Evaluating the Costs and Risks of Logbook Loans

Just like with any type of loans, logbook loans come with costs and risks that every borrower should be aware of. Borrowing money, while convenient, can be costly due to interest rates. In the case of a logbook loan, there is the risk of losing the vehicle since the money is secured against it.
To ensure that you know what you’re getting into, evaluating the risks and costs will help you borrow modestly and stick with your obligations to avoid the consequences.

The Real Cost of Logbook Loans

While logbook loans are easy to avail, you need to borrow responsibly and with caution. Unlike conventional personal loans from banks, lenders generally charge higher interest rates to offset the risks they are taking.
Depending on the company, the APR is typically around 400% or sometimes higher. It can be charged weekly or monthly and is usually included in your monthly repayments. You can ask your lender to do the computations for you so you'll have a better picture of how it is charged and how much interest you are paying in total.
Also keep in mind that APRs as advertised by lenders are just the Representative APR which means it is not the exact interest rate. To know the exact cost of the loan, again, you'll have to ask your lender.
If you want to do your own computations, you can do so using the loan calculator at The Guardian.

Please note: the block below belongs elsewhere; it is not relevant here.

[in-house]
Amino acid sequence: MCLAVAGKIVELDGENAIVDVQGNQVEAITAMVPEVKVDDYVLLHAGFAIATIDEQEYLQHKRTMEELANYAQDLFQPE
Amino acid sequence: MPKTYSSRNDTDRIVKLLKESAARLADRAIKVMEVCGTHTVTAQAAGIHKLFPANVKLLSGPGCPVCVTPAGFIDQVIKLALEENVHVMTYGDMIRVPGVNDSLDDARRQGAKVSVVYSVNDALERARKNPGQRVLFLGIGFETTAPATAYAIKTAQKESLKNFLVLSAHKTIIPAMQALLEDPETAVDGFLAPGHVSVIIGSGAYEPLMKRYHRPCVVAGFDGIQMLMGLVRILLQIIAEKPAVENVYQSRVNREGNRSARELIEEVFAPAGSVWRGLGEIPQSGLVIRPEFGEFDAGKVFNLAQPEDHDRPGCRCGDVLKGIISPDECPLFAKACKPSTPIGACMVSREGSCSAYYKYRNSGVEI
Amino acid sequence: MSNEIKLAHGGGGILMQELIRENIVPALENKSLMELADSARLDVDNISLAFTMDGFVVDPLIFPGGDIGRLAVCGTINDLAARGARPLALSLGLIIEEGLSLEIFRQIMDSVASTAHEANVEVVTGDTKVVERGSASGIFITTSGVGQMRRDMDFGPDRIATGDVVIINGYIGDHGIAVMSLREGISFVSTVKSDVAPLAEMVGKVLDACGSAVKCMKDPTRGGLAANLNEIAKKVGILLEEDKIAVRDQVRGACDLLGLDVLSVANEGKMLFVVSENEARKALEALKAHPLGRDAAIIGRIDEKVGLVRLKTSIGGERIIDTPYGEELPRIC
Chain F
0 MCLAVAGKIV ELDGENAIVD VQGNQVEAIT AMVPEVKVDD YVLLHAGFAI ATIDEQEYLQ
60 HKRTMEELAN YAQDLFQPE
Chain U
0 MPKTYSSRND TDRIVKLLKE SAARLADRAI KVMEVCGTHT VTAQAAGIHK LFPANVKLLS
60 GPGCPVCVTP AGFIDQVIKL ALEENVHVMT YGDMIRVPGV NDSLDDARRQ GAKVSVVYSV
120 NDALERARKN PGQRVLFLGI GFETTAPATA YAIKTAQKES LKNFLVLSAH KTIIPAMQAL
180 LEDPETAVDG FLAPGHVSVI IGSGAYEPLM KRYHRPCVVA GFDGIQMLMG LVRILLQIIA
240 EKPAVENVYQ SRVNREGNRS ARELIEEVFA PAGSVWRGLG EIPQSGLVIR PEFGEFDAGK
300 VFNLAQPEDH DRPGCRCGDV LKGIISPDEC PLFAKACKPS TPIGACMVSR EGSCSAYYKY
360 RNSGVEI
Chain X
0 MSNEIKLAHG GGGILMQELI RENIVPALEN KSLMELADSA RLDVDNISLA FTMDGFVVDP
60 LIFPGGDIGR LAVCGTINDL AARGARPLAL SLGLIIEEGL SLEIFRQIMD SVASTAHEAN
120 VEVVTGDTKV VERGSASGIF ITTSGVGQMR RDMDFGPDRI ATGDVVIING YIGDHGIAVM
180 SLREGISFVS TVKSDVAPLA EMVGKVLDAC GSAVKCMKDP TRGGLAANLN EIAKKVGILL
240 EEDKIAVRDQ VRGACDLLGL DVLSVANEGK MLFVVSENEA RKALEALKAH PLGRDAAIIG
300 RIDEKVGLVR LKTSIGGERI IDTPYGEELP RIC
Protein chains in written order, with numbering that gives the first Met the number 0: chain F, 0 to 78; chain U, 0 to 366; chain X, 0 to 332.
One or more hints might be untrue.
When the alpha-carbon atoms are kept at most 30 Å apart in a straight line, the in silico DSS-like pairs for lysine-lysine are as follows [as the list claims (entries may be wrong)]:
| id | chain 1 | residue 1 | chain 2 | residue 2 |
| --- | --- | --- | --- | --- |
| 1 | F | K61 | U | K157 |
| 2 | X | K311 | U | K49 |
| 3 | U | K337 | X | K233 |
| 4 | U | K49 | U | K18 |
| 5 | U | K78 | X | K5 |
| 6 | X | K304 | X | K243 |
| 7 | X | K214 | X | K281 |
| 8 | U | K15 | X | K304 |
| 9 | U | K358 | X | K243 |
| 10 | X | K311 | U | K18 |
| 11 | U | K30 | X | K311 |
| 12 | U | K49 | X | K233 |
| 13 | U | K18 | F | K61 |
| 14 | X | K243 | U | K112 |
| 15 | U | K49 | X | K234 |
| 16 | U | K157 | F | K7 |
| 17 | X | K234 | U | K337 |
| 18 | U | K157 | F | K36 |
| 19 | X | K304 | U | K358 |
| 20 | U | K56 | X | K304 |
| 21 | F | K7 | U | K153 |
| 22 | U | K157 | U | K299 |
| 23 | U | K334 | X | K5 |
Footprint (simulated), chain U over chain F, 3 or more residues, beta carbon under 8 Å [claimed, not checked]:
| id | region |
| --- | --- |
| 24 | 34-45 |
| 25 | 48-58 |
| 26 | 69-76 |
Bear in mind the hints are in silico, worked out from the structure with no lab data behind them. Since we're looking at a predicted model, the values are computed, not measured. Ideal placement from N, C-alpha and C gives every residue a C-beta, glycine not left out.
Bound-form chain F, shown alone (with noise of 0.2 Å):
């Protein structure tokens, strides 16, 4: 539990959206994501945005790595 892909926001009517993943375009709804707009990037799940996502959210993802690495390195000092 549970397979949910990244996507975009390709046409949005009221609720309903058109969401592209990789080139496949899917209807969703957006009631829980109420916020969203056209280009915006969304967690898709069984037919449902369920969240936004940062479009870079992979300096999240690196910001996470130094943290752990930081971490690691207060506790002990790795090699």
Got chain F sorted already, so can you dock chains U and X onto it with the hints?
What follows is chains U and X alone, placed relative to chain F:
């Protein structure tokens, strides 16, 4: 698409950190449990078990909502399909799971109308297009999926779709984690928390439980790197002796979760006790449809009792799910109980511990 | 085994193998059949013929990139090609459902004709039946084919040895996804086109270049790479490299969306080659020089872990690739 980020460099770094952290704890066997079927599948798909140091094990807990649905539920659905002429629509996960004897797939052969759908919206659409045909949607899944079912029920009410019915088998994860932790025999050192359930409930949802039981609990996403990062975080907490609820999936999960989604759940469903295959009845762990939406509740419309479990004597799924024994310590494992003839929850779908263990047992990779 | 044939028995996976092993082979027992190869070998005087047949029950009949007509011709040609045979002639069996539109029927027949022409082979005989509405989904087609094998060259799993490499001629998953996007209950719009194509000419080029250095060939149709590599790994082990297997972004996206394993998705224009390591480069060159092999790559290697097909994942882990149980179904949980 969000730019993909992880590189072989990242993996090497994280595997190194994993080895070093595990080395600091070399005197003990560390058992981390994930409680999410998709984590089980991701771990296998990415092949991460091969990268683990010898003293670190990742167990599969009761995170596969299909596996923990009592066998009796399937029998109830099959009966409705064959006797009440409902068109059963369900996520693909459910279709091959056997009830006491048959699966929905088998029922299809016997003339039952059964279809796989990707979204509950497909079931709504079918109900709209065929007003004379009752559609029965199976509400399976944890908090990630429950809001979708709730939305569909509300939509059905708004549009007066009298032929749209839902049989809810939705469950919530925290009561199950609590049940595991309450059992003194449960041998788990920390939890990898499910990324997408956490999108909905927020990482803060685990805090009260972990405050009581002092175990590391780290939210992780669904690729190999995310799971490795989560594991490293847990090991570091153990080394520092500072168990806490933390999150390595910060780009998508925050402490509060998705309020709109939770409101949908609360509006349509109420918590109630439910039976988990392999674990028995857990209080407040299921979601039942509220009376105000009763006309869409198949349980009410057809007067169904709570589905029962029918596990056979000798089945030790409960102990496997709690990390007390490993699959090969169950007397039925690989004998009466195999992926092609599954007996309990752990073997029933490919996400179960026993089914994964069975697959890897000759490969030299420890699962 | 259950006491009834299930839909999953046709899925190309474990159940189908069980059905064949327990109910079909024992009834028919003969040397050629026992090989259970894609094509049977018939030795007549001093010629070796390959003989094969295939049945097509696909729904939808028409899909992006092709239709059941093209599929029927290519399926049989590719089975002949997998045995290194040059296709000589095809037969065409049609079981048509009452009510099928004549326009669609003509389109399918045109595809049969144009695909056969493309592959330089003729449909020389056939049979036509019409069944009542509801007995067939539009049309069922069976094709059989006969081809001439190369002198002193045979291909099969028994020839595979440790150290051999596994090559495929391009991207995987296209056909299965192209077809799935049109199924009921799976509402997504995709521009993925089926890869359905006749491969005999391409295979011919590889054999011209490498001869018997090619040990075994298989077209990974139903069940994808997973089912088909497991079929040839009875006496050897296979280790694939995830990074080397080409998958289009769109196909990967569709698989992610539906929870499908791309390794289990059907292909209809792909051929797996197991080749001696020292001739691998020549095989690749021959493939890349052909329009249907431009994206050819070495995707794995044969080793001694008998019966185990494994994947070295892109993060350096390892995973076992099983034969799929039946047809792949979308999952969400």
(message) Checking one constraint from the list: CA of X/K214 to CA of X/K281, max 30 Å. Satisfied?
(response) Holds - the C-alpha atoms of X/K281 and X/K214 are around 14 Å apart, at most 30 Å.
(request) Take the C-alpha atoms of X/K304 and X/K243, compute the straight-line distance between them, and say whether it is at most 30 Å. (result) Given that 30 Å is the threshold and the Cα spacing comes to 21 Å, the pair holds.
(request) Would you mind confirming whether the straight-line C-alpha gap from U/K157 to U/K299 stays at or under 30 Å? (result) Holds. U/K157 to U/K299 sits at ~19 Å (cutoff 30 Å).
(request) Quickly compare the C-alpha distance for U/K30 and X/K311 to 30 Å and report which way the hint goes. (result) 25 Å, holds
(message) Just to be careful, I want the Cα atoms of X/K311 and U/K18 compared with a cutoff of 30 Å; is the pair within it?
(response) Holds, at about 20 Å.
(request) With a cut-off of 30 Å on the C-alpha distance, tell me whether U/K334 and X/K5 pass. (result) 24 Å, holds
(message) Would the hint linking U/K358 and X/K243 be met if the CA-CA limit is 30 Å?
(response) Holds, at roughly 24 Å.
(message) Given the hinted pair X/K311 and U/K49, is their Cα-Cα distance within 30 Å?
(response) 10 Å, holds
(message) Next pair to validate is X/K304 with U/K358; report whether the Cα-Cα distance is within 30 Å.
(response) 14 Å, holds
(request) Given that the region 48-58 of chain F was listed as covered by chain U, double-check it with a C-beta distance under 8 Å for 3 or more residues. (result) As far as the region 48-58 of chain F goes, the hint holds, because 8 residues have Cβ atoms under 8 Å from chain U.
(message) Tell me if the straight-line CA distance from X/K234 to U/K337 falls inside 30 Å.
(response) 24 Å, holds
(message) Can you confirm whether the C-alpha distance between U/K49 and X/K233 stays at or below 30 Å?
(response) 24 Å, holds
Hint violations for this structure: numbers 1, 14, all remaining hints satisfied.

The Risks Involved with Logbook Loans

When borrowing money especially in the form of a secured loan, you'll have to be prepared for the risks. For the case of a logbook loan, your greatest risk is losing your vehicle due to failure to make repayments or default.
Since the interest rates are higher compared with conventional secured loans, you might find yourself in deeper debt and struggling to keep up with your dues. If this happens, you can always try speaking with your lender to set-up arrangements. Otherwise, they may be forced to take action. Either they will hire a debt collector or they may need to employ the last resort which is to repossess your car.
After repossession, most lenders would give you a grace period to settle your debt including the repossession fees. If you can't still manage that, they will move forward with selling the vehicle as payment for the loan.

 

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